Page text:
This Side of Salvation [Book Review]

TitleThis Side of Salvation
Author: Jere Smith-Ready
Genre: Contemporary Young Adult
Pages: 384
Year: 2014
Publisher: Simon Pulse
Source: Public Library
Rating: 5/5


After David’s brother died, his family got religious. And then his parents got SUPER religious and joined up with a group of people who believe in the Rush – the rapture at a specific time and place. David doesn’t buy it and neither does his sister. But when they come back from an after-prom party the night of the alleged Rush, they find their parents gone. The two, along with David’s best friend and girlfriend go on a search, while – in alternating chapters – we learn exactly how they got to this point.

My Thoughts:

This book solidified my love of Jeri Smith-Ready. You all know I adored her Shade series. But, it turns out she can write about more than ghosts and solstices.

This book stays engaging by alternating between the past and the present. I would finish one chapter and just keep going with the next and the next. It was a perfect read to cope with this year-long reading slump.

I loved David. I loved Bailey. I loved Mara. The parents drove me crazy. The teenage angst was perfect. The conflicted relationships with God were realistic. I simply loved this story.

I hope you all check this out. I know Jeri’s Shade series wasn’t for everyone, but this book is. I can’t wait to see what she comes out with next.

TSS: June in Review

It’s hard to believe the year is half over and it’s time to wrap up June. Well, I’m a day early. But I won’t finish a book by tomorrow. So here I am.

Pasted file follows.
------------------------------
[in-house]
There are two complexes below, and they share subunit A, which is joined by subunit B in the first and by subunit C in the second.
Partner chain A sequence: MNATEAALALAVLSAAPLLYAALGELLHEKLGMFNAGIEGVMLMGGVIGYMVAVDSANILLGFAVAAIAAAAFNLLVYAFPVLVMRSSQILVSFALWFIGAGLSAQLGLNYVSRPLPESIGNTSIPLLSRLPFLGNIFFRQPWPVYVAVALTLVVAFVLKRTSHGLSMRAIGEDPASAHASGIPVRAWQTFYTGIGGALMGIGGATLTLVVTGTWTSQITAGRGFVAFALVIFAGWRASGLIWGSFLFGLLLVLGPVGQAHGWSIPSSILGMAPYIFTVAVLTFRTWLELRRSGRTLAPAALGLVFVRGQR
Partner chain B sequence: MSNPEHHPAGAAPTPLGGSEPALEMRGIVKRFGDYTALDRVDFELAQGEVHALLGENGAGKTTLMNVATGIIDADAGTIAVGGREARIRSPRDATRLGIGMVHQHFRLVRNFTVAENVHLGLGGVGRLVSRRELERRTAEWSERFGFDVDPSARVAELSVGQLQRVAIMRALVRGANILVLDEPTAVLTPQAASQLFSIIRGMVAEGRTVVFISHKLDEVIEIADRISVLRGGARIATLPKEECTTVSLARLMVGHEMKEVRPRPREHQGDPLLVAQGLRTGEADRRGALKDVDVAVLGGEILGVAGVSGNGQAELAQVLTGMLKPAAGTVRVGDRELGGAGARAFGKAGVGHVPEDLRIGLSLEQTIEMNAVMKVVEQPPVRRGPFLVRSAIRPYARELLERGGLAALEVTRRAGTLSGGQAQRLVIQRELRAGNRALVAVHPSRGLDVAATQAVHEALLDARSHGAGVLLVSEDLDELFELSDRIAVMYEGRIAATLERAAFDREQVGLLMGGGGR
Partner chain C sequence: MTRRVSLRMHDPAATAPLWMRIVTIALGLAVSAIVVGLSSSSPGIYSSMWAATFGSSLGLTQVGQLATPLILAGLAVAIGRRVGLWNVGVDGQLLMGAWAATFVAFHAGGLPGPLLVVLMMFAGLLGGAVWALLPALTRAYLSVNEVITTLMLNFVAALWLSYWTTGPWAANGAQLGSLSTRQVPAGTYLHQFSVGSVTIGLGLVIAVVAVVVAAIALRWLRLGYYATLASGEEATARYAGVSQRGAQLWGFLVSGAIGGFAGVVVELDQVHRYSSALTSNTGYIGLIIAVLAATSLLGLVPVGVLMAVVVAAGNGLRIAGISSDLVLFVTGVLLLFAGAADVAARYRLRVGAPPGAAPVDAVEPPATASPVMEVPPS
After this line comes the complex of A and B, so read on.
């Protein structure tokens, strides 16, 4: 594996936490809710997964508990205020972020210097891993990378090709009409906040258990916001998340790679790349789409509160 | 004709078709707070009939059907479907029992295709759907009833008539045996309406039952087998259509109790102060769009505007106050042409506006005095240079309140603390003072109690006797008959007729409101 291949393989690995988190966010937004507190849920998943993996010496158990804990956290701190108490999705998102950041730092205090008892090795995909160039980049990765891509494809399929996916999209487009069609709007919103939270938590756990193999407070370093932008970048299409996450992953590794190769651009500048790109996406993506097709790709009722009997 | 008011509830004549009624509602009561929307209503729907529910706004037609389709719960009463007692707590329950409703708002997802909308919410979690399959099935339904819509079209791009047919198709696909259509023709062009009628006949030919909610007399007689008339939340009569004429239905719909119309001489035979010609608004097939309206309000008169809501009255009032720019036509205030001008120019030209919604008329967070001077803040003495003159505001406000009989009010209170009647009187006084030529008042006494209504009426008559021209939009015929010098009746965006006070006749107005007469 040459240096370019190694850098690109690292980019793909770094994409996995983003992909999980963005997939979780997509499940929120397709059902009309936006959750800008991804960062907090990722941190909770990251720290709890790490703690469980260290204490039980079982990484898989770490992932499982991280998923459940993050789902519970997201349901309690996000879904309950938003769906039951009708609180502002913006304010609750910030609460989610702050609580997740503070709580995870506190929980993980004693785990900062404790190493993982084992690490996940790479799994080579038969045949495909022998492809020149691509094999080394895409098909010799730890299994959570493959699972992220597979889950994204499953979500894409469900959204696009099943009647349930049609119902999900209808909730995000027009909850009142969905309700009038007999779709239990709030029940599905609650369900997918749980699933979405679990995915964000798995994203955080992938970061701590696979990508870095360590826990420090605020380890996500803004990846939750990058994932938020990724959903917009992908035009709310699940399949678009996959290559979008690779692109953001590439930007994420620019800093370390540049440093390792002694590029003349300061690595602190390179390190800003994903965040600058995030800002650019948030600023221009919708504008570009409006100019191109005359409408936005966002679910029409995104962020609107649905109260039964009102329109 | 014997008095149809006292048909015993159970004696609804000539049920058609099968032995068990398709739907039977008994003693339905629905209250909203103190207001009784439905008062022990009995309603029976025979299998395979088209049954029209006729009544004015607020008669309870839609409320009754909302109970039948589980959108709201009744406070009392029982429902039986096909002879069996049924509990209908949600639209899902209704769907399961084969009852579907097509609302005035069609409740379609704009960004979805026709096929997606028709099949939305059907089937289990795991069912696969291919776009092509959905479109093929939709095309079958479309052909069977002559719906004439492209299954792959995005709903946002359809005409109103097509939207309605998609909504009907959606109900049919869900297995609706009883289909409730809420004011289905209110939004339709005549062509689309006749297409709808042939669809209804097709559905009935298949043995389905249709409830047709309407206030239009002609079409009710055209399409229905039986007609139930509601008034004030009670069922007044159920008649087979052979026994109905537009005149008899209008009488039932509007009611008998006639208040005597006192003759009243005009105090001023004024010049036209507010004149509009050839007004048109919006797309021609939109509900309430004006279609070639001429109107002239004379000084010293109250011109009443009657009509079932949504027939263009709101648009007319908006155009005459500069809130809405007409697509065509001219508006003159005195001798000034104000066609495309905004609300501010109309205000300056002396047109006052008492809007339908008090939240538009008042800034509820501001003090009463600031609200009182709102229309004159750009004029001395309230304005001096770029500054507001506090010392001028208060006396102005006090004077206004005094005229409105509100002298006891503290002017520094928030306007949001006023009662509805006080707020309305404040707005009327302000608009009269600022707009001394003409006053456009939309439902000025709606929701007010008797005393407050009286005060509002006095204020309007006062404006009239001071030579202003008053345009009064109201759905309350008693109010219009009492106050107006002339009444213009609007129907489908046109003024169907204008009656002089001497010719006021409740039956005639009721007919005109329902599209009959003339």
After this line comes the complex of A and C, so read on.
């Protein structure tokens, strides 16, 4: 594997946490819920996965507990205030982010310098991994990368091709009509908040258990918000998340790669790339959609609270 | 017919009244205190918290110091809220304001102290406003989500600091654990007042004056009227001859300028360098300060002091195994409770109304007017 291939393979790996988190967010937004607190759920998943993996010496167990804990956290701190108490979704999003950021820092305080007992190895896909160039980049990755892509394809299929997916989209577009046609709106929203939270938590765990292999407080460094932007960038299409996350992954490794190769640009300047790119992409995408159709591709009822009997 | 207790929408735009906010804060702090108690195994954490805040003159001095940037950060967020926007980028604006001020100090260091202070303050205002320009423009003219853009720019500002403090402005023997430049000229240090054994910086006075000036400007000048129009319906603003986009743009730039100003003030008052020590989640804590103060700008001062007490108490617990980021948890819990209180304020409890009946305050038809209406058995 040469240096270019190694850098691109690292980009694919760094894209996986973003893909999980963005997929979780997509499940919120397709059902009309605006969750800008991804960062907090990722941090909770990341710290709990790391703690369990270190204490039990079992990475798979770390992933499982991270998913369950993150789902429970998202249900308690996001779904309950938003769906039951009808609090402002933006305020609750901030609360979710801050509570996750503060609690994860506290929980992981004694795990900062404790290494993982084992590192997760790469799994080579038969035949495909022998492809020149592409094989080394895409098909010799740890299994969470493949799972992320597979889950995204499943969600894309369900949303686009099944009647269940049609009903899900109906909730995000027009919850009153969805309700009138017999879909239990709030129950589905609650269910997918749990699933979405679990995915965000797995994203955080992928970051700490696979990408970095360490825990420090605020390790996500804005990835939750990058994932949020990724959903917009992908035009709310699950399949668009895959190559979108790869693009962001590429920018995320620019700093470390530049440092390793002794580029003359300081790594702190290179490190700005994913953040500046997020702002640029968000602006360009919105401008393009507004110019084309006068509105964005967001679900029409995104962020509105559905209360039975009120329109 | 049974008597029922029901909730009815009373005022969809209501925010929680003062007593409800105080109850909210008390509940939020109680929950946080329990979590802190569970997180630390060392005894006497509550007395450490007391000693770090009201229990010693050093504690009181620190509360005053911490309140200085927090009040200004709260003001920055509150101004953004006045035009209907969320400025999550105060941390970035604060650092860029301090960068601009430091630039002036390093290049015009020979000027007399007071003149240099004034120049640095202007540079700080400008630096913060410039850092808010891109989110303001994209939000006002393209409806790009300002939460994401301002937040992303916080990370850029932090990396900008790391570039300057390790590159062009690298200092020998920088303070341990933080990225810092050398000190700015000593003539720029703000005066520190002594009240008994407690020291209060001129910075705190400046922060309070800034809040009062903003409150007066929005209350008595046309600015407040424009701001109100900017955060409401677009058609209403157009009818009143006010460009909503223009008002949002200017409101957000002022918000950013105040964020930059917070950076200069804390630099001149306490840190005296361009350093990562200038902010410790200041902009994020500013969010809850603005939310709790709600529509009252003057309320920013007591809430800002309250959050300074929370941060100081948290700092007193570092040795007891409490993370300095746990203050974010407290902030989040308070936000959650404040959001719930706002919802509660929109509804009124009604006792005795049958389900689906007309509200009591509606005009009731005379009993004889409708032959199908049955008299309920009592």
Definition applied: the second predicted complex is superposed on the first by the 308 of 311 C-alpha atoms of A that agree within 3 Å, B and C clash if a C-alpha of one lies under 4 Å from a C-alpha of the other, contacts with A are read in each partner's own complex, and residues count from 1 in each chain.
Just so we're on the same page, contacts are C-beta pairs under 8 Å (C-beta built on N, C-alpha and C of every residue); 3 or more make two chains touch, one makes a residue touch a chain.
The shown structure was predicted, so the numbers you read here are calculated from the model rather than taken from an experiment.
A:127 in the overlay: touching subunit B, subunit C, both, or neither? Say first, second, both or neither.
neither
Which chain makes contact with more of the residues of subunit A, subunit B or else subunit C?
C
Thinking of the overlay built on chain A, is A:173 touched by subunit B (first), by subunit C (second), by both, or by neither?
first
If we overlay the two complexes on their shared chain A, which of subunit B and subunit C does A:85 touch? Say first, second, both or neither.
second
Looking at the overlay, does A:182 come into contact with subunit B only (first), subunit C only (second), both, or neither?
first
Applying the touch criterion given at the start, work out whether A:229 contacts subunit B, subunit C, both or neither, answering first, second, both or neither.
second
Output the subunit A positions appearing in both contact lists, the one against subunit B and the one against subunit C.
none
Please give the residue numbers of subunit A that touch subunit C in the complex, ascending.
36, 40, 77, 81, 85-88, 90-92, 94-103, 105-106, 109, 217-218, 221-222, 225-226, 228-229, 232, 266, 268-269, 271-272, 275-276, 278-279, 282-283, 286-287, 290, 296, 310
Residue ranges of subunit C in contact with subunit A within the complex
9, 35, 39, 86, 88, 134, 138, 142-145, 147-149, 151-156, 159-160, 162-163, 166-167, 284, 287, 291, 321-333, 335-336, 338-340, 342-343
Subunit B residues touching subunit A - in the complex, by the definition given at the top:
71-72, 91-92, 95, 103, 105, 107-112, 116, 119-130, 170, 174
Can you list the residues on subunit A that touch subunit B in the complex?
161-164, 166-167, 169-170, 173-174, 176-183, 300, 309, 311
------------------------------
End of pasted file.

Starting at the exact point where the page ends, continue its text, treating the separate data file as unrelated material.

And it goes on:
YOU GUYS. I had my best reading month all year! I finished 5 books and it was amazing. I am sticking with YA for awhile to keep this up.

  • The One by Kiera Cass
  • Siren’s Song by Heather McCollum
  • This Side of Salvation by Jeri Smith-Ready
  • Hemingway’s Girl by Erika Roburn
  • The Golem and the Jinni by Helene Wicker

Look for those reviews soon…

I also reviewed:

And shared:


I am actually going for a run this morning. A real, legit run. I got injured in early April so it’s been nearly 3 months since I’ve gone on one. And I have suffered for it. But I’m excited to hit the pavement again. Despite the humidity and heat.

I tried to do that ab challenge in June that everyone was doing – and I made it much further than everyone else I knew – but I gave up around Day 22. It just got too hard. Thinking about doing a yoga challenge in July to stay active while I can’t actually get to the gym or dance class.


Evan is a handful. Ben left and he seems to be pretty terrified that I am also going to leave. Other than daycare (where he has always been comfortable with me dropping him off), he barely lets me leave the room. Ben’s sister is here this weekend helping me out (she was getting me ice cream as I typed this), which is great, we’re going to see Ben next weekend in Minnesota for a wedding (where I plan on promptly handing Evan over to someone and then running away), my mom will be here the weekend after that, then just one more weekend on my own before we head to New Mexico for Ben’s graduation. I can do that. Right?